“Passionate Kisses” awaited eager fans that packed The Birchmere for two sold-out nights recently to hear a hometown troubadour with a voice strong and true! Mary Chapin Carpenter had come home.
Mary’s new album, Sometimes Just the Sky, was inspired by a beautiful interview with punk poet Patti Smith. Patti said that life is hard, and it can break your heart, it can tear you apart and disappoint you, but there are so many beautiful things that you can see or experience that make life worth living. She said, “Sometimes it’s just the sky.” Sometimes a phrase just jumps out and all of a sudden it means everything.
Stream Sometimes Just the Sky by Mary Chapin Carpenter on Spotify:
The cover of Mary’s new album shows her on her farm deep in the Virginia countryside, which she bought for a song or two. And in between songs laced with compelling stories on Oct. 29, one story put sad in my eyes.
“John Doe #24,” Mary read, in the obituaries of the New York Times in 1993, and she wrote the song from his perspective.
In the early hours of Oct. 11, 1945, a scantily dressed young black youth was found by two police officers rummaging in an alleyway in Jacksonville, Illinois. Unable to communicate, the deaf, mute, and later blind boy was believed to be mentally retarded. Because of his bizarre behavior, he was committed to an institution.
He survived institutionalized hell: beatings, hunger, overcrowding, and the dehumanizing treatment that characterized state institutions through the 1950s. John Doe No. 24 was never positively identified, and he would spend the rest of his life being cared for by the state. People who knew him found him remarkable. The nurses said he made friends, took on responsibilities, and developed a sense of humor. His one-time nurse Donna Romine reflected sadly on his mystery. “Ah, well,” she said, “God knows his name.” He died Nov. 28, 1993.
In 2000, a biography of John Doe by Dave Bakke was published by Southern Illinois University Press; it was called God Knows His Name: The True Story Of John Doe No. 24. Mary wrote the foreword and also purchased the headstone for his grave.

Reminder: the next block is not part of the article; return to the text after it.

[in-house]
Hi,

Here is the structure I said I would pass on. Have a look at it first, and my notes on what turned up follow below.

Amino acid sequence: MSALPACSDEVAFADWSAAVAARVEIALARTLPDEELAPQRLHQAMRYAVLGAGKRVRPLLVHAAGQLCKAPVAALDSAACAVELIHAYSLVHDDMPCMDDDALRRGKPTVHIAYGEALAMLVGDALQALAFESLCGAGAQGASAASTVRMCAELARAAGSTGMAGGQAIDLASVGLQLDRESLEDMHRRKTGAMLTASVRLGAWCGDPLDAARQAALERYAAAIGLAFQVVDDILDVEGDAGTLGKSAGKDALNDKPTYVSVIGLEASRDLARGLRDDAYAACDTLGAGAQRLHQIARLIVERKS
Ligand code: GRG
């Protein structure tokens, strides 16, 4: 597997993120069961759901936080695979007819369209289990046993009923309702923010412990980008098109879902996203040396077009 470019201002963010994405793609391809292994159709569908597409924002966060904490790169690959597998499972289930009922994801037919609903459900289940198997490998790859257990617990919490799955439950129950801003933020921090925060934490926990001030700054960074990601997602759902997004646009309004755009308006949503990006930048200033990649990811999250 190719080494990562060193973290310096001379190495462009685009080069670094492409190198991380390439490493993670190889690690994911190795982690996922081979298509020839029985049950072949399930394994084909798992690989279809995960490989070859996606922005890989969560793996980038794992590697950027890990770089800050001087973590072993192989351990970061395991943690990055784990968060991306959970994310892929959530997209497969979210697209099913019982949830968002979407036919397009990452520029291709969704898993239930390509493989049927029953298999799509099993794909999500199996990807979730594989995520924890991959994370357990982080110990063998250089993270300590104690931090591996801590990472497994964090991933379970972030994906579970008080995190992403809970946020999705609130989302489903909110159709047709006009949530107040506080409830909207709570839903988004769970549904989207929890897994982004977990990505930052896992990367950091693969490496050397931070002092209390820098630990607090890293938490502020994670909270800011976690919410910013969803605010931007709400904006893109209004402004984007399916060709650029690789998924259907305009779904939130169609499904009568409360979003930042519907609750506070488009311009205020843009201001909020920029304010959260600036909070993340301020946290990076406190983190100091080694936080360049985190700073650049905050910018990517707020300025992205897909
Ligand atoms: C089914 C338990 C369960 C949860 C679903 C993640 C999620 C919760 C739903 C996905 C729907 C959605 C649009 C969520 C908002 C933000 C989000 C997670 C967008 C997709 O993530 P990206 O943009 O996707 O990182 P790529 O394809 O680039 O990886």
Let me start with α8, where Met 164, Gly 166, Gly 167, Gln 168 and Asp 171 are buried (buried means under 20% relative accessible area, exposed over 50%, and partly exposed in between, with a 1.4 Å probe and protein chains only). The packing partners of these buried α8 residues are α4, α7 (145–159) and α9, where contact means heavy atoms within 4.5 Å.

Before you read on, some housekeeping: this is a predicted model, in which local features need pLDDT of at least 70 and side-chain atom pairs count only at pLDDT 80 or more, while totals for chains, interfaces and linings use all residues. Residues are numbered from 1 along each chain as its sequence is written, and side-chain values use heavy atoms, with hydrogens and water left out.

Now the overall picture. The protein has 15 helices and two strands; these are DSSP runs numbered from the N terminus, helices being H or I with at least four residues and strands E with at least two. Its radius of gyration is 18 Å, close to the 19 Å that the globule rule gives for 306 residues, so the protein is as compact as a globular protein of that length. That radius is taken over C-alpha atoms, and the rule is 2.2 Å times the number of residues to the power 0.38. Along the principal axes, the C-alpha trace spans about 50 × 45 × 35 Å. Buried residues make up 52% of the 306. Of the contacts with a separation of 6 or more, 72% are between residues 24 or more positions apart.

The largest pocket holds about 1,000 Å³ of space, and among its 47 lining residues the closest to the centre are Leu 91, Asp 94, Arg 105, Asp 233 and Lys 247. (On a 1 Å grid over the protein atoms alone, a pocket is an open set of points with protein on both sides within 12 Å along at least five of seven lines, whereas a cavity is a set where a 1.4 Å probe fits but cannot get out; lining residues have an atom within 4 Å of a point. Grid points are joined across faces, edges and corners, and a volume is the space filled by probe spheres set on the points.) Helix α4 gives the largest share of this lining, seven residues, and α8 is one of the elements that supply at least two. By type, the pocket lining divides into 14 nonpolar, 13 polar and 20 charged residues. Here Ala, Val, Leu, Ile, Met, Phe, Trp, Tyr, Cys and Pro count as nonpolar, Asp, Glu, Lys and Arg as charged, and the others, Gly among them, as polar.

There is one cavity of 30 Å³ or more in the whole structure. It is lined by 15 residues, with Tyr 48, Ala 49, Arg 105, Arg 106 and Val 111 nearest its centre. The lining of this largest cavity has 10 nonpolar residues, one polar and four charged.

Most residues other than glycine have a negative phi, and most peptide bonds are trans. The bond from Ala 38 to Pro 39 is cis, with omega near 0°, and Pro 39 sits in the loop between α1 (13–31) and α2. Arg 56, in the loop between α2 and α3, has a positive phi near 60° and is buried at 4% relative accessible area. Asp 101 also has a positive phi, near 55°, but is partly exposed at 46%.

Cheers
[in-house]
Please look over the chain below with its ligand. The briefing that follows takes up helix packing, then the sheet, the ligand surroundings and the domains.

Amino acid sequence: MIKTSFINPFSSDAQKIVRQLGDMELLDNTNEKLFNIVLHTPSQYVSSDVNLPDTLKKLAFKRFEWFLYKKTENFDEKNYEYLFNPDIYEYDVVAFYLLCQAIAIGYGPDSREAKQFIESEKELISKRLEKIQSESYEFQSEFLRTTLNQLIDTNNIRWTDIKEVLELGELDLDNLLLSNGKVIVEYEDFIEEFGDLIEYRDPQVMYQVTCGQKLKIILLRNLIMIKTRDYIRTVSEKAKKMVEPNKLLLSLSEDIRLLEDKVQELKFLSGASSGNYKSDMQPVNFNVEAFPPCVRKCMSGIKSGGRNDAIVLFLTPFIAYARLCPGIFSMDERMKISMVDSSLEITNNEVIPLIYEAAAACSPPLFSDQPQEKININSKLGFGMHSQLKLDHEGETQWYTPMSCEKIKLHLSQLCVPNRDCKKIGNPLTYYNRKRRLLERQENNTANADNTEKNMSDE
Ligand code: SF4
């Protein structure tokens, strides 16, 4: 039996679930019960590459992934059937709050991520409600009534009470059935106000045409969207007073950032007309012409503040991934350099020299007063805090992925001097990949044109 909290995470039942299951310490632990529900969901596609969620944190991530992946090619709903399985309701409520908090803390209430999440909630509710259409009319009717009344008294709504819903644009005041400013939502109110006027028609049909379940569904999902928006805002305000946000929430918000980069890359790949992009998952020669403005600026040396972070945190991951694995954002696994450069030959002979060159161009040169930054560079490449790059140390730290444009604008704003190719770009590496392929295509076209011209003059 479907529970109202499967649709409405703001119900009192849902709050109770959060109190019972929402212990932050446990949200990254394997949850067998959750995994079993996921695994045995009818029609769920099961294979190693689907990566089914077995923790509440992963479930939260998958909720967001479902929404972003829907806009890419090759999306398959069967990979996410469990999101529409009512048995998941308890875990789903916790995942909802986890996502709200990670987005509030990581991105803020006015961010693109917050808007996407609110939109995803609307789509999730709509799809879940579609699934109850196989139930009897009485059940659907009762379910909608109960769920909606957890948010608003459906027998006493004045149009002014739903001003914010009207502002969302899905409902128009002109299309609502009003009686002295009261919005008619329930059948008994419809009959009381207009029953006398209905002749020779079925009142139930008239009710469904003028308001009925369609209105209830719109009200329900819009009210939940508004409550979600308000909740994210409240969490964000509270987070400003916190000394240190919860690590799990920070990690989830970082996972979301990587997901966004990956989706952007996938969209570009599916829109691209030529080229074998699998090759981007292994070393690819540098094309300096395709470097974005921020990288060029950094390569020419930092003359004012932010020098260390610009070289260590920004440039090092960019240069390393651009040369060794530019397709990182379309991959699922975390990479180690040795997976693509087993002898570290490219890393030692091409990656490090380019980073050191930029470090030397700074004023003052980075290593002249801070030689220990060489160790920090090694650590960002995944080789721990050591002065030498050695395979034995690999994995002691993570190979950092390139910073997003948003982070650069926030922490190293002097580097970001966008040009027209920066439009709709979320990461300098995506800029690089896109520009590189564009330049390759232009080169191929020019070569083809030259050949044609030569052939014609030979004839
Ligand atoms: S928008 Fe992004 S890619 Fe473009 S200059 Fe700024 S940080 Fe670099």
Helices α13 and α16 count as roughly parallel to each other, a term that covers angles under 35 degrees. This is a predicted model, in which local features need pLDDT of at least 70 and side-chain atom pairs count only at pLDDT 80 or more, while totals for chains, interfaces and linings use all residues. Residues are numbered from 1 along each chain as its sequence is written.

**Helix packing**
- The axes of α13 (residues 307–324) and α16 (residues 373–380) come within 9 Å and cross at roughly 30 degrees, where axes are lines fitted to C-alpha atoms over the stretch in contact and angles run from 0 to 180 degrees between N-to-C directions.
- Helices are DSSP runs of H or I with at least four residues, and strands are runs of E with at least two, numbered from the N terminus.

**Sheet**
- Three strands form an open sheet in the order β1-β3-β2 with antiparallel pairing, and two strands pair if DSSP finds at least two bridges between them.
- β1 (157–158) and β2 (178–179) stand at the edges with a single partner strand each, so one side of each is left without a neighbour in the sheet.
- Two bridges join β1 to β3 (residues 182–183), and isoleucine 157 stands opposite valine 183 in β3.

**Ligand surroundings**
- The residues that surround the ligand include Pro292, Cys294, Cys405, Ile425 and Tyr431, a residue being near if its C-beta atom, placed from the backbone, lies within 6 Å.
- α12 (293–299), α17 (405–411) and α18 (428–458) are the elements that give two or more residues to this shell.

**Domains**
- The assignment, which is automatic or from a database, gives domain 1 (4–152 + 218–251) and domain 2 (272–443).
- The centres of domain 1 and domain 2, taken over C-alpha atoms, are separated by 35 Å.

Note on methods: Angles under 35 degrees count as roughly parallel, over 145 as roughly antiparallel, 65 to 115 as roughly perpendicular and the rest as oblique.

Mary Chapin Carpenter has been enduring life’s battles, and emerging from those battles with gratitude and grace. She has been singing and playing for 30 years now, and she has sold over 14 million records, which has taken her around the world and back home to The Birchmere, where she started.
“I wouldn’t be here if it wasn’t for the Birchmere,” Mary affirmed.
She is still a sassy, sexy class act with her strong smokey voice and remarkable guitar playing and finger-picking that produces unique sounds warm and familiar… ever timeless and tender, revealing a life fully lived.
Why Shouldn’t We
Why Walk When You Can Fly
Stones in the Road
The Moon & St. Christopher
Naked to the Eye
Passionate Kisses (Lucinda Williams cover)
The Bug (Dire Straits cover)
This is Love
John Doe #24 // I Have a Need for Solitude
Shut Up and Kiss Me
I Feel Lucky
I Take My Chances
He Thinks He’ll Keep Her
Sometimes Just the Sky
Down at the Twist & Shout
For more on Mary Chapin Carpenter, visit her website. Laura Cortese & The Dance Cards opened for Mary Chapin Carpenter at The Birchmere on Oct. 29. From Boston, Laura Cortese & The Dance Cards is a quartet of singing string players performing original music based in the lyrical rituals of folk music but exploring new territories of rhythm and sonics. Their album California Calling is out now on Compass Records.
Here are Laura Cortes & The Dance Cards performing at The Birchmere.
Here are some pictures of Mary Chapin Carpenter performing at The Birchmere on Oct. 29, 2018. All photos copyright and courtesy of Chester Simpson.